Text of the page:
Chanakya, who lived in India in the 4th Century BC, was a leadership guru par excellence. The treasure of his teachings can be found in his treatise, Arthashashtra, which deals with good governance based on ideal leadership.
The concept of the ideal nation in the Arthashashtra, called saptanga, holds that there are seven pillars of a kingdom: swami, amatya, janpada, durg, kosha, dand, mitra. for centuries, Indian rules have used this concept as a model of successful government.
In this path-breaking book, Chanakya’s 7 Secrets of Leadership, author Radhakrishnan Pillai delves into Chanakya’s saptanga, with the real-life example of D. Sivanandhan. Former Director General of Police, Maharashtra, and the archetype of an able administrator, Sivanandhan shares his guidelines for effective management, highlighting those that make a dynamic leader.
In Chanakya’s 7 Secrets of Leadership, theory meets practice, academic research meets vast experience in police supervision and an age-old formula is revealed in a modern-day success story. Together, Pillai and Sivanandhan bring Chanakya’s model to life.
Anyone can use the seven secrets of leadership to run a kingdom effectively. Apply them in your life, and the magic of Chanakya’s wisdom will transform you into the ideal leader.
Dr Radhakrishnan Pillai is from the University of Mumbai. He is a trainer researcher, author and teacher on leadership. His first book, Corporate Chanakya, created record in the management books category. Apart from begin a popular bestseller, the book has also been considered for academic research in educational institutions across the globe. Having trained and mentored thousands of leaders, Dr Pillai is well-known for making Chanakya popular as a managements and leadership guru.
D Sivanandhan former Commissioner of Police, Mumbai and Director General of Police, Maharashtra, is one of India’s most highly regarded IPS officers. He has been instrumental in rebuilding the defenses of Mumbai after attacks in November 2008, and has served as member of the special task force in the National Security Council Secretariat. Currently, he serves on the board of several companies and is Founder and Chairman of Securus First India Pvt. Ltd.
Some people get lucky. And some get very lucky.
But people like me call it the Grace of God or Guru Kripa.
My first book, Corporate Chanakya published by Jaico turned out to be a bestseller. It broke my records in sales in the field of management books. It was in the bestseller list ever since its release. It got translated into ten regional languages – Hindi, Marathi, Gujarati, Assamese, Oriya, Bengali, Tamil, Malayalam, Telugu and Kannada.
It was brought out as an audio book, again turning out to be a bestseller in the audio book category. The book inspired the world’s first management film based on Chanakya’s teachings, Chanakya Speaks (www.chanakyaspeaks.in). Within a month of its release, the film received the Award of Merit at the Indie Fest (California).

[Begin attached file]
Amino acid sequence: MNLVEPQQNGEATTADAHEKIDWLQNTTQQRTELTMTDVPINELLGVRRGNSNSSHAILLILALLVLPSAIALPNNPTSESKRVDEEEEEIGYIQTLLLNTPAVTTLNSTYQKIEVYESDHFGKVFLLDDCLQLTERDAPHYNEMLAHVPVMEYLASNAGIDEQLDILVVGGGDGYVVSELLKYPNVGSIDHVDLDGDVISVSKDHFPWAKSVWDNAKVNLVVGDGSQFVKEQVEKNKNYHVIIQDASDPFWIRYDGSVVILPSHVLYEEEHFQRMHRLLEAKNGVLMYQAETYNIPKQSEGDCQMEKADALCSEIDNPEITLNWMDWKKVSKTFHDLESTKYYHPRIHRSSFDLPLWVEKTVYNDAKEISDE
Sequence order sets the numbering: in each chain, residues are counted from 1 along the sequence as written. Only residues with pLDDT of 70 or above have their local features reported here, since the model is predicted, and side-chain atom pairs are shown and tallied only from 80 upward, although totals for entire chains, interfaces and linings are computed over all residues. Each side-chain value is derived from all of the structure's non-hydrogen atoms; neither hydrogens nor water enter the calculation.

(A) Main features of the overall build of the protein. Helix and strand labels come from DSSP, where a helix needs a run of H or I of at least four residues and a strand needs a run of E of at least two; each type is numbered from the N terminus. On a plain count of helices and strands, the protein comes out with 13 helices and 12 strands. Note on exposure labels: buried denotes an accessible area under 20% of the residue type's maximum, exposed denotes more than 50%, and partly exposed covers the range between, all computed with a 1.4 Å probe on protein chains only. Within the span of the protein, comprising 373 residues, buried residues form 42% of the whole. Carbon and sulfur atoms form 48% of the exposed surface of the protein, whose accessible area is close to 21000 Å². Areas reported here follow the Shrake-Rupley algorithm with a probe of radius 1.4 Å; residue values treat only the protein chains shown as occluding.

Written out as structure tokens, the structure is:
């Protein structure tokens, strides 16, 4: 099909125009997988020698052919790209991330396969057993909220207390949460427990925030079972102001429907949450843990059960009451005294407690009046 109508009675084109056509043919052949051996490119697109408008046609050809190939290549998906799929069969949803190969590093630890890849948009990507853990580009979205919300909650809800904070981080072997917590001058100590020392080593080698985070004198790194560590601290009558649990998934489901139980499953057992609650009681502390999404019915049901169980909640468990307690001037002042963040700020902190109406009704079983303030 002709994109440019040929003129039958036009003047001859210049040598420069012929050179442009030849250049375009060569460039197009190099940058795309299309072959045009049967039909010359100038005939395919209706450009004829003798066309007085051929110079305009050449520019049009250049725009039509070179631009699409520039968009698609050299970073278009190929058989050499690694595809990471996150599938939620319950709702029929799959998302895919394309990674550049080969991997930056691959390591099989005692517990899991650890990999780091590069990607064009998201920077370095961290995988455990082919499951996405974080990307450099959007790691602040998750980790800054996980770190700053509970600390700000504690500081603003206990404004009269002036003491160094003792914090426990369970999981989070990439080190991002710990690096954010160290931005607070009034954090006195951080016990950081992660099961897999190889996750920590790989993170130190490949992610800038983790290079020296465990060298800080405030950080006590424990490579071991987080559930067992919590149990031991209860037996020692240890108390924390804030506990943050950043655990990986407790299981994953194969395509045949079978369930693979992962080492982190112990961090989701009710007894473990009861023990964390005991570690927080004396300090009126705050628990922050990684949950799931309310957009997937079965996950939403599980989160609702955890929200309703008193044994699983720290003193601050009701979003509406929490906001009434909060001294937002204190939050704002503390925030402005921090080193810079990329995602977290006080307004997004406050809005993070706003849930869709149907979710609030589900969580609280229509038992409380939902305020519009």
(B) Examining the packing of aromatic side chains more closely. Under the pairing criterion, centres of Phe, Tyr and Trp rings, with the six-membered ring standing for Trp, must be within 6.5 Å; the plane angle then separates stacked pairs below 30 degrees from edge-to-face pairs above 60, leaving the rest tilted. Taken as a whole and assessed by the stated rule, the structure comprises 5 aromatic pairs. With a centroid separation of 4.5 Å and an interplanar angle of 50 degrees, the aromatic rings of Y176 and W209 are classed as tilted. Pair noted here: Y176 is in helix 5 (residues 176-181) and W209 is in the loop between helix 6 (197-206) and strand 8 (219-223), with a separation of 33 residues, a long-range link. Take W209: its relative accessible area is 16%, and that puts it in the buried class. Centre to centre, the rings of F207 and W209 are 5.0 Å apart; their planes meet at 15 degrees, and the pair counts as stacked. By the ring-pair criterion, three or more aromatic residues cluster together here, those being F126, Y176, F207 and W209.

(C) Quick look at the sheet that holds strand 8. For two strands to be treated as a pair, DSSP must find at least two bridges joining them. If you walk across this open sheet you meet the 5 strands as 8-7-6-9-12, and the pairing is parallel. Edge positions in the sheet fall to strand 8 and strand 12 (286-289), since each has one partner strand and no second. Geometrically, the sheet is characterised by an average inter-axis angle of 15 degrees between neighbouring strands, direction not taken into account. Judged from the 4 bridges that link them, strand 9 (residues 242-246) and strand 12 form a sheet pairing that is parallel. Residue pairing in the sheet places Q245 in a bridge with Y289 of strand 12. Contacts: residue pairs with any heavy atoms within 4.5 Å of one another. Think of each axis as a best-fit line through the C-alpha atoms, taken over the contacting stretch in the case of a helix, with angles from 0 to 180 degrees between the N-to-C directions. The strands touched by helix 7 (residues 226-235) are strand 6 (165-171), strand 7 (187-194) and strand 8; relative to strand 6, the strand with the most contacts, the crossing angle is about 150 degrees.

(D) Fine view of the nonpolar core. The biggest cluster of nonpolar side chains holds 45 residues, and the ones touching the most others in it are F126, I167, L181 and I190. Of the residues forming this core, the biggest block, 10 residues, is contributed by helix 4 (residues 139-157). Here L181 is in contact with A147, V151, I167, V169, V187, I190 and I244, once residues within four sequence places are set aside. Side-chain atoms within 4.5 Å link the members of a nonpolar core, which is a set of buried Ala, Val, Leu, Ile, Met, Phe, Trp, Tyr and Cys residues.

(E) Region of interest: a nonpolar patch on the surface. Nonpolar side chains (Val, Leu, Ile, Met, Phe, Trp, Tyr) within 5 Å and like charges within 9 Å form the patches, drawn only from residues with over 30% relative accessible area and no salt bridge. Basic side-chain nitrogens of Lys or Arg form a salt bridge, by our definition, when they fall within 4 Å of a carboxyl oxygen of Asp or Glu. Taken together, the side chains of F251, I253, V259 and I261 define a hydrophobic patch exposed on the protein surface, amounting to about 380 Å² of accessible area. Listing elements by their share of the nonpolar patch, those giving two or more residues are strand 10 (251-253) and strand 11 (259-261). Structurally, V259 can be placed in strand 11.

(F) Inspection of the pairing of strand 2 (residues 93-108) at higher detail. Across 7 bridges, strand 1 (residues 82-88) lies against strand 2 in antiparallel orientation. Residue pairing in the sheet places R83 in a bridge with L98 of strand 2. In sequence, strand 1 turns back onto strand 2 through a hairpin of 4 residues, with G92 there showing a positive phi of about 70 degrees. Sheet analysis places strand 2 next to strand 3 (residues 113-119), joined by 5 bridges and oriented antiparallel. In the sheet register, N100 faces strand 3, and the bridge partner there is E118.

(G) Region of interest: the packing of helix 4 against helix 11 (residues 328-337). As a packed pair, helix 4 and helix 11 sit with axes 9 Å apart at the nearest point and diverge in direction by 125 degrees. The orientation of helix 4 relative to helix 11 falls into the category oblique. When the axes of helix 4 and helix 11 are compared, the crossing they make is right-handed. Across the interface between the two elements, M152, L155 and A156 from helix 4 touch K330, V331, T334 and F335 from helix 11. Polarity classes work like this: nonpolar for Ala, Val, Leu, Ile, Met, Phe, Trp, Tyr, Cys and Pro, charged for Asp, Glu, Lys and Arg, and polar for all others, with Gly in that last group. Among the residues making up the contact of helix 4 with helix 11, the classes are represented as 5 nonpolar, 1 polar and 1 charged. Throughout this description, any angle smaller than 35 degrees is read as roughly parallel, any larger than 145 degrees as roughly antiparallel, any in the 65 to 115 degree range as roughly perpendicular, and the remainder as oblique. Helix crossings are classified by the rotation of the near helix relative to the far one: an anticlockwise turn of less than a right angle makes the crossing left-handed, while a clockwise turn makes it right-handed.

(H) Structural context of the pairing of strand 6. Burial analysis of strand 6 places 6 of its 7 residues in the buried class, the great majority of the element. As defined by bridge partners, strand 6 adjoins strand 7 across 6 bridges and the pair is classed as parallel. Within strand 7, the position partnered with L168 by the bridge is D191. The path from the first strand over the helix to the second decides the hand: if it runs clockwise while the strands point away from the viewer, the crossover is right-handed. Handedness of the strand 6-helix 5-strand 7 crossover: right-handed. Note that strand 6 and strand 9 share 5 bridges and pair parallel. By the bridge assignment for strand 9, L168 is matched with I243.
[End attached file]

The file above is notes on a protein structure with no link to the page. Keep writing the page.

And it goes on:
Owing to the success of the book, I was invited to speak and lecture in over hundred institutes, colleges and universities across ten countries in less than two years. It also helped me set up our institute, Chanakya Institute of Public Leadership (www.ciplmumbai.in) in the Department of Philosophy at the University of Mumbai. It is the First institute of its kind in the world, which teaches the Arthashastra. The journey has just begun and there is a lot to be done in years to come. I feel the hand of God behind all this success.
Success bring problems with it. Can I repeat this success? The first book set a benchmark, and ever since its release people have been asking me, “When is your next book coming?”
For me the question was different..... Instead of 'when' my next book would come the question was, 'what' will my next book be about.
I struggled with this question for many days and months, which rolled into years. I knew clearly that the subject would be Chanakya, yet I did not want to write Corporate Chanakya - part 2. The first book was complete in itself, yet continuity was needed for my old readers.
Chanakya was a man of action. What he said was not just theory, but what could be practiced and applied. What worked in the past can work in the present too. I wanted to bring back Chanakya in our generation.
How I would deal with such a great legend in my next book was a question that I was deliberating on for a long time. I knew all the theories of leadership given in the Arthashastra. Yet, there are chances of them just being theories, without any practical value to you and me.
I got my answer the day I met D Sivanandhan....
He was the Director-General of Maharashtra Police at that time, a few months away from retirement from the topmost police rank. I had heard about him and the work he had done. We were sharing a dais for a leadership program for ophthalmology doctors. That day, I spoke on the theory of leadership and Sivanandhan sir spoke on the 'practical' aspects of leadership. He spoke about situational leadership, transformational leadership and what goes into the making of a leader!
As I was listening, a quiet bell rang in my mind. "Here stands a man of action. He has delivered against all odds. I talk about it, whereas he has done it!"
For me, Sivanandhan sir became a person who was a real-life leader, who had practiced all that Chanakya had said. The next week I met Sivanandhan sir in his office with my students from Mumbai University. We were supposed to be with him for half an hour but in spite of his busy schedule, he gave us two-and-a-half hours. The students could ask him any questions and he gave them quick and detailed answers. I came to know that before joining the police force, he was also a professor of economics. The teacher in me - met the teacher in him.